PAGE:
Famous Japanese actress: Meiko Kaji from Tokyo is in a different league
Lee Jay Walker
Modern Tokyo Times
Many modern female actresses in Japan appear to be on a conveyor belt and being slim, pretty, and looking gentle, is in vogue. Visually this may appeal to many people in Japan but it is difficult to take their roles seriously because the conveyor belt of “pretty and boring” is not lighting up the imagination.
If you take a trip down memory lane and look at the natural style of Meiko Kaji then she is a different kettle of fish. Meiko Kaji looked like a woman going places and her stunning looks alongside a rugged look and eyes that would melt the heart was very different.
Meiko Kaji in her prime would put the current actresses in the shade and they would not even be shadows on the screen because all eyes and attention would be on her.
Meiko Kaji was born in 1947 but initially her name was Masako Ota and her path did not go easy in the early period. She was born in Tokyo and with the 1960s in full swing these cultural changes in Japan and throughout the Western world would change the needs and demands of the general public.
From 1965 to 1970, Meiko Kaji had built up a lot of experience but she had not hit the heights. In the Alleycat Rock series her importance was starting to grow but often the scripts would let her down despite the open creativity of the director Yasuharu Hasebe.
The films she was involved in were based on juvenile girl gang issues and open confrontations. Clearly the investment and filming locations had limitations but Meiko Kaji could play these roles because she had her own style unlike the fresh crop of modern actresses.
During the late 1960s and early 1970s it was clear that the pink film market was lucrative. Therefore, with the sexual appeal of Meiko Kaji it meant that she could have moved in this direction given the social pressures of the day within the film industry.
However, true to her stunning looks, she had her own ambition and she was no “yes lady” therefore she kept her distance from the seedier side of the film industry.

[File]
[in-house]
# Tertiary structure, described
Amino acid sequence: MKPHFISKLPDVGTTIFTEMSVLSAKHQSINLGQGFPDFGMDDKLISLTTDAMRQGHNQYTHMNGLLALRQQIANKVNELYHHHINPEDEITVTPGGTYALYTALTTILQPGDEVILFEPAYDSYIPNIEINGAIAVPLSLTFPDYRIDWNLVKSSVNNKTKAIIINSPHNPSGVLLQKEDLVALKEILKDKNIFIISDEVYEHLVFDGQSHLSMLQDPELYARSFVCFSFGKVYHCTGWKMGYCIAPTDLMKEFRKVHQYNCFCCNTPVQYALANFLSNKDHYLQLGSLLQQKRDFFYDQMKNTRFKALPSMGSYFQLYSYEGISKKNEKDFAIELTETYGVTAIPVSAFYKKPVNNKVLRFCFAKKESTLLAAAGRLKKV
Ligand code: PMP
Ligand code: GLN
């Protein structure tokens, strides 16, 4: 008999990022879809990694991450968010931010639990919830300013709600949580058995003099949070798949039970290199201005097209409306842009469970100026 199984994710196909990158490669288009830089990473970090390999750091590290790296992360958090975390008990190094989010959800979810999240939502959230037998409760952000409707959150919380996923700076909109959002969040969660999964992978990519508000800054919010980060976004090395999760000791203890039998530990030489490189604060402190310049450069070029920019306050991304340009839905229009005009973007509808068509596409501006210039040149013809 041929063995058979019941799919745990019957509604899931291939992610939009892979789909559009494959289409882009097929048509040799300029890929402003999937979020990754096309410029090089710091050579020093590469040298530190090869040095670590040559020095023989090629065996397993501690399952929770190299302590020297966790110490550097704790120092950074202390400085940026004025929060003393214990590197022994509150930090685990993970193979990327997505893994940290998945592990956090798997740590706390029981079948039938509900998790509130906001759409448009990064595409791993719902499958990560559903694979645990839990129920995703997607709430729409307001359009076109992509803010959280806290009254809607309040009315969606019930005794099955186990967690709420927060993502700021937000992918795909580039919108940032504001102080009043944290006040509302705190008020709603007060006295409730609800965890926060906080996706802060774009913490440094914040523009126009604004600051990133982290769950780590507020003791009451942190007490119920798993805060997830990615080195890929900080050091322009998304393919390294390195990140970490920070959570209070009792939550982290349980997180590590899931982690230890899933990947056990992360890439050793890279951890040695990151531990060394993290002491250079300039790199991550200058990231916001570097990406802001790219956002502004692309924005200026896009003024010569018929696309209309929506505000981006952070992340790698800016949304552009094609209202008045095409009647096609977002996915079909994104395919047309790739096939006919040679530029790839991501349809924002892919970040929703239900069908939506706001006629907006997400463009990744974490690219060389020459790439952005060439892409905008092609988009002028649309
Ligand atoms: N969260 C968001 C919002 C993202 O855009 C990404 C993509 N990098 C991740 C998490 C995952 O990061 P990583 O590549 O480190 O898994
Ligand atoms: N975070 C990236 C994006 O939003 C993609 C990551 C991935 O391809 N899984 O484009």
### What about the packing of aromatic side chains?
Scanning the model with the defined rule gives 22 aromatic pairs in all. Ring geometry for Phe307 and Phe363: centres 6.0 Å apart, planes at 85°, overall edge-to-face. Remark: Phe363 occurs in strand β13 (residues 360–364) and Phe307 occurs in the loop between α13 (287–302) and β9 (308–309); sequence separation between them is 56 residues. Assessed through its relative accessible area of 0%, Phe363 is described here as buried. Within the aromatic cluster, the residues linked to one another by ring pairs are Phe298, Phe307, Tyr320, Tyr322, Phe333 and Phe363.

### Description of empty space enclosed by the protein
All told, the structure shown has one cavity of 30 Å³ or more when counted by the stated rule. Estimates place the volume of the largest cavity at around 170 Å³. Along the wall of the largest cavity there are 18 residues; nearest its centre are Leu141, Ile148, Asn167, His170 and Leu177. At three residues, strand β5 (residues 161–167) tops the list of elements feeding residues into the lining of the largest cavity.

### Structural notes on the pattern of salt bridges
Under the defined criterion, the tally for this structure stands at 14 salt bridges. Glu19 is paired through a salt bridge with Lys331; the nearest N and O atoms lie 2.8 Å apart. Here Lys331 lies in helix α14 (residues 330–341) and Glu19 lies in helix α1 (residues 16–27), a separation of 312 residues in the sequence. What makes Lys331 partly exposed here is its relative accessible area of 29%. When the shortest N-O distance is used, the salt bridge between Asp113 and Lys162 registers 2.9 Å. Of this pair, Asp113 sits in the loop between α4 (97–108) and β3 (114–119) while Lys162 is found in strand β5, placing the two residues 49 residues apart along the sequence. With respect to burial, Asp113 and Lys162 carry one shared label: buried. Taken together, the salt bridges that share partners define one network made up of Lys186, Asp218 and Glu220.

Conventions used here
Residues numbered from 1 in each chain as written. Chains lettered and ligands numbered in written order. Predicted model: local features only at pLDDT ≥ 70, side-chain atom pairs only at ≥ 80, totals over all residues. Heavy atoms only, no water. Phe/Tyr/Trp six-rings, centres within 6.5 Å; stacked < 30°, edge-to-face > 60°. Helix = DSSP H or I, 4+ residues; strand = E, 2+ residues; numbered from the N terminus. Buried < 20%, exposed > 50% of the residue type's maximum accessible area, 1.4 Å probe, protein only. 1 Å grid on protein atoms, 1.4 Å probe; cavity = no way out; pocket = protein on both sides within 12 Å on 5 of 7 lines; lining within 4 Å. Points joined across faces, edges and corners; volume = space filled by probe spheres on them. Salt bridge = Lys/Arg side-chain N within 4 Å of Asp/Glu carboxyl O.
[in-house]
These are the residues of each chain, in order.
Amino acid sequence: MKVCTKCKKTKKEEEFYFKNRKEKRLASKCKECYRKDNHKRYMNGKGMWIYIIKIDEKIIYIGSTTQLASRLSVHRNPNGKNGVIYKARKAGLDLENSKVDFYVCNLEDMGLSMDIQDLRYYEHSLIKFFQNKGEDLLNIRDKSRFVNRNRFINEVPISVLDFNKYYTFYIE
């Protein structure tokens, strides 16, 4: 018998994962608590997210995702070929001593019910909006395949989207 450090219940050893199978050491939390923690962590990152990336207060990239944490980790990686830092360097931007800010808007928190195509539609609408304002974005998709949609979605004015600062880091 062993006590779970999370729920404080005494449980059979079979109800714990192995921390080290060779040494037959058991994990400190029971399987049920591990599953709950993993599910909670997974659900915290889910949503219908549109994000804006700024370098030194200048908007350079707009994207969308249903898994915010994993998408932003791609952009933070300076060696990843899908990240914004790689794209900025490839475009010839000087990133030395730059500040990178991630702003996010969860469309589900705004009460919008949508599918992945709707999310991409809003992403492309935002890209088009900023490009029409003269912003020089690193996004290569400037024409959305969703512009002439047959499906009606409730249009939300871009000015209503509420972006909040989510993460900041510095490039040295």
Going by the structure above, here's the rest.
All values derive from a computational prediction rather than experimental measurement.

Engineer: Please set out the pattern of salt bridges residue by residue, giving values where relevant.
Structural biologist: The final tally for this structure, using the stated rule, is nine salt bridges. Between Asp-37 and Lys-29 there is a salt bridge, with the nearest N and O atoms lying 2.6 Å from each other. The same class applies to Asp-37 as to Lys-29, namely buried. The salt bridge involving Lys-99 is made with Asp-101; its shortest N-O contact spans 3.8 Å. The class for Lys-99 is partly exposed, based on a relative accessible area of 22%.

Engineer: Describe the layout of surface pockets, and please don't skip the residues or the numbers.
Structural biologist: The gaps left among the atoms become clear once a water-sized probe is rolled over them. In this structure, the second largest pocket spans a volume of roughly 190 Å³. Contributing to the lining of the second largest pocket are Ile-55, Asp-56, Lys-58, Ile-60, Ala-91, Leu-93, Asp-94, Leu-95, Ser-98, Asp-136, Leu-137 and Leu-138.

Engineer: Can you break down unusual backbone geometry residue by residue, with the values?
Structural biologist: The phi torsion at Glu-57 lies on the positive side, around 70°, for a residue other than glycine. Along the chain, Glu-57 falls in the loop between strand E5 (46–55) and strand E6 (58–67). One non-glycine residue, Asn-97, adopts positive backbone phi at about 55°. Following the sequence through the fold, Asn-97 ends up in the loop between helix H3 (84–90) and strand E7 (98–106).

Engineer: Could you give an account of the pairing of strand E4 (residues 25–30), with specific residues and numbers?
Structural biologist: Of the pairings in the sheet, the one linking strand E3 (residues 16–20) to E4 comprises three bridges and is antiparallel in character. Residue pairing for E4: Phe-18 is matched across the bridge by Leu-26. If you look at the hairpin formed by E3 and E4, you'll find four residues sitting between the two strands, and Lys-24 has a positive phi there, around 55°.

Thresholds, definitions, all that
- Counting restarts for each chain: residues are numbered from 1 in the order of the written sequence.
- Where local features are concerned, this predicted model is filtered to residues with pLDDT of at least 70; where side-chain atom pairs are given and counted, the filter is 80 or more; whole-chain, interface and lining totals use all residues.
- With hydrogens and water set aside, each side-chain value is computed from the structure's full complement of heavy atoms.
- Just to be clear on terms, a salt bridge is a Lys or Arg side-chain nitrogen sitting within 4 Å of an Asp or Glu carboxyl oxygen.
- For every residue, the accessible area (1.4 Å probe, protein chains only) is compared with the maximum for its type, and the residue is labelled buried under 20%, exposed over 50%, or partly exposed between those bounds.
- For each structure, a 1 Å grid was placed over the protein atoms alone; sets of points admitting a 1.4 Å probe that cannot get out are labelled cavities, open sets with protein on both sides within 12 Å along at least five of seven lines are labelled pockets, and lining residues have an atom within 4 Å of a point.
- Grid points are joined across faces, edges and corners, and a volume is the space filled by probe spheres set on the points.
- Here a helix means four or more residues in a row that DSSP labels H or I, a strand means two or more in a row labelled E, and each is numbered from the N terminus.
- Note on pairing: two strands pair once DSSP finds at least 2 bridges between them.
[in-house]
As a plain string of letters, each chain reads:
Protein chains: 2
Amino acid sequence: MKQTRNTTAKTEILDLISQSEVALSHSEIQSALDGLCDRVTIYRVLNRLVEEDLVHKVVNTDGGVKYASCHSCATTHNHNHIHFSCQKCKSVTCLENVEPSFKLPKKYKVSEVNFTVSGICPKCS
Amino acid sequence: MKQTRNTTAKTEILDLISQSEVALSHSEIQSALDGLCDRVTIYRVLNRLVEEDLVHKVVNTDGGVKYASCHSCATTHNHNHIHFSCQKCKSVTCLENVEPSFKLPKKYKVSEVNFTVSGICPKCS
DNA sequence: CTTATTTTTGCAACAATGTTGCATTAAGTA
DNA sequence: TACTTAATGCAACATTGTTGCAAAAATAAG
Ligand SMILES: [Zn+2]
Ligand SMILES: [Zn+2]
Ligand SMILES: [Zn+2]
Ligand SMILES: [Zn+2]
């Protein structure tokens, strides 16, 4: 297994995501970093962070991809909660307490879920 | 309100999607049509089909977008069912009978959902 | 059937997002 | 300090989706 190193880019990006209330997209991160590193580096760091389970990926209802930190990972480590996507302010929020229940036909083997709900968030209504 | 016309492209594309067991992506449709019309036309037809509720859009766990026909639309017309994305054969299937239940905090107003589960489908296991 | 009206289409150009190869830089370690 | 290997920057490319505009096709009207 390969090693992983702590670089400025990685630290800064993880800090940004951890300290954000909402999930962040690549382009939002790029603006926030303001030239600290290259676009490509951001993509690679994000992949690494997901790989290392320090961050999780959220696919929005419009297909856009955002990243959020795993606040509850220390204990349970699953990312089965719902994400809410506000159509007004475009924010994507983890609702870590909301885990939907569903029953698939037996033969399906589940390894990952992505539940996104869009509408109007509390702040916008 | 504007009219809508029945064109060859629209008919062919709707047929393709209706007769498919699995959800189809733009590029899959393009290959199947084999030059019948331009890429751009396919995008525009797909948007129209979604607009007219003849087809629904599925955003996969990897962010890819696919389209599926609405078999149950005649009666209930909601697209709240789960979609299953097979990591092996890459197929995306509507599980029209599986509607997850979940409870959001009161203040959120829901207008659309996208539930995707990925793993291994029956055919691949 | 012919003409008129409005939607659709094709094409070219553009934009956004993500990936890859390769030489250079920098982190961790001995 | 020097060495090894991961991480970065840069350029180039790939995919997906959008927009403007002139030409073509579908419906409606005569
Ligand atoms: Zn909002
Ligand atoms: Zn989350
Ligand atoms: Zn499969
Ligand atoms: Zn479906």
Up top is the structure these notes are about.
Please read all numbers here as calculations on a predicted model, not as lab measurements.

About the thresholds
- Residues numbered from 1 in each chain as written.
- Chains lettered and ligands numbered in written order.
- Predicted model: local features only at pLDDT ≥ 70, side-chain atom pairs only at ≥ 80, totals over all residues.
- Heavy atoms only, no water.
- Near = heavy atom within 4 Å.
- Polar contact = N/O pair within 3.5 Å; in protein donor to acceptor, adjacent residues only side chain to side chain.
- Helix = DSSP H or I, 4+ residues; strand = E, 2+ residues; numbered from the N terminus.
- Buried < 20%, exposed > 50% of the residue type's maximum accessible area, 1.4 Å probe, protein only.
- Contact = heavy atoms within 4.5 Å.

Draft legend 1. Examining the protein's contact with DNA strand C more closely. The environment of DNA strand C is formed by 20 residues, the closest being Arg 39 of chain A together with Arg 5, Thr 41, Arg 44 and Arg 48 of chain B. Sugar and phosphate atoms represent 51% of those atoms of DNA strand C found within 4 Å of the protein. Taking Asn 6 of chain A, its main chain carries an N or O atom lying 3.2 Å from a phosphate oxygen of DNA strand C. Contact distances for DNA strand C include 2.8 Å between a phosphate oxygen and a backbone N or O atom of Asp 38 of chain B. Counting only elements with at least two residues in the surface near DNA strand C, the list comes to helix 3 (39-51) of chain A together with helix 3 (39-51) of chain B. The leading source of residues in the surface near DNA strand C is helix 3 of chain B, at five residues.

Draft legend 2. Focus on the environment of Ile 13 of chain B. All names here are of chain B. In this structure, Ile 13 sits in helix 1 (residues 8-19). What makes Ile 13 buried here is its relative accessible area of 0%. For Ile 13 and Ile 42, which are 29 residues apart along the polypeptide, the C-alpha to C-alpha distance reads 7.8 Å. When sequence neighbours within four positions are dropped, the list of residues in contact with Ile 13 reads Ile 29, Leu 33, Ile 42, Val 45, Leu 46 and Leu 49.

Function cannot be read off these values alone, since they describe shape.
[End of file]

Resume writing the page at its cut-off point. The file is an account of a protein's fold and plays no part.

The big breakthrough for Meiko Kaji was the Female Prisoner Scorpion series under the director Shunya Ito because these films made her popular throughout Japan. These films played to her strengths because her sexual appeal alongside a strong looking lady who was in control was a piece of cake for Meiko Kaji.
However, when Toei decided to change the director to Yasuharu Hasebe from Shunya Ito then this upset the applecart and displeased Meiko Kaji. Therefore, she decided to change direction and leave the series despite the popularity of these films.
The film Lady Snowblood in 1973 opened up a new audience because this film would gain a cult status in Western cinema. The revenge driven nature of this film and the follow up influenced Quentin Tarantino’s Kill Bill.
Again it is difficult to imagine the fresh crop of female actresses being able to play roles like this because of their lack of creativity and power.
The film Yakuza Graveyard in 1976 and Sonezaki Shinju in 1978 added to her power base and she won several important awards in the film industry.
Meiko Kaji also sang on several soundtracks and since the 1980s she remains active and often appears on television.
If we look at the fresh crop of actresses then clearly “the conveyor belt system” does not lead to strong female characters and the majority are replaceable because they look visually the same and squeaky clean to boot.
Meiko Kaji in her prime would put them into the shade and out of the picture. Therefore, the likes of Masami Nagasawa, Kyoko Fukada, Nanako Matsushima, Ryoko Hirosue, Miho Nakayama, Fujiwara Norika, and a host of others, look rather typical and if sweet and boring is your cup of tea then you will enjoy their charm.
However, the charisma and stylish looks of Meiko Kaji were something else and added to this is her strong personality which shines brightly and her roles were believable.
If Meiko Kaji was part of the new generation then it is feasible that she would be rejected because she does not suit “the conveyor belt of pretty but boring.”
Meiko Kaji hit the heights in the 1970s and like the male actor Clint Eastwood; she was a loveable rogue and could carry the show by her own raw talent.
The revenge babe was a sight to behold and clearly Japan needs to unearth “a new Meiko Kaji” in order to break the conveyor belt system.
Meiko Kaji’s flame still burns bright after all these years later and looking back on her career then just like the actress Claudia Cardinale; then images of a seductive lady comes to mind but this image is wrapped up into a powerhouse of a lady who would not compromise nor flicker from the bumpy road ahead.
Alas, in modern Japan the actresses lack individuality, raw sexual appeal, and the “kick ass” power babe is no more. However, like the phoenix it is hoped that a new Meiko Kaji will be found but within her own style and image.
After all, you only have one Meiko Kaji and this power packed lady is badly missed. Modern actresses are like Toyota cars, all too predictable. However Meiko Kaji was the classic Jaguar car and this applies to her awesome power and exquisite beauty which was wrapped up inside a mysterious spirit.
http://www.flixster.com/actor/meiko-kaji-photos (photos of Meiko Kaji)
http://ameblo.jp/meikokaji/ (official blog of Meiko Kaji – in Japanese)
http://moderntokyotimes.com (please visit)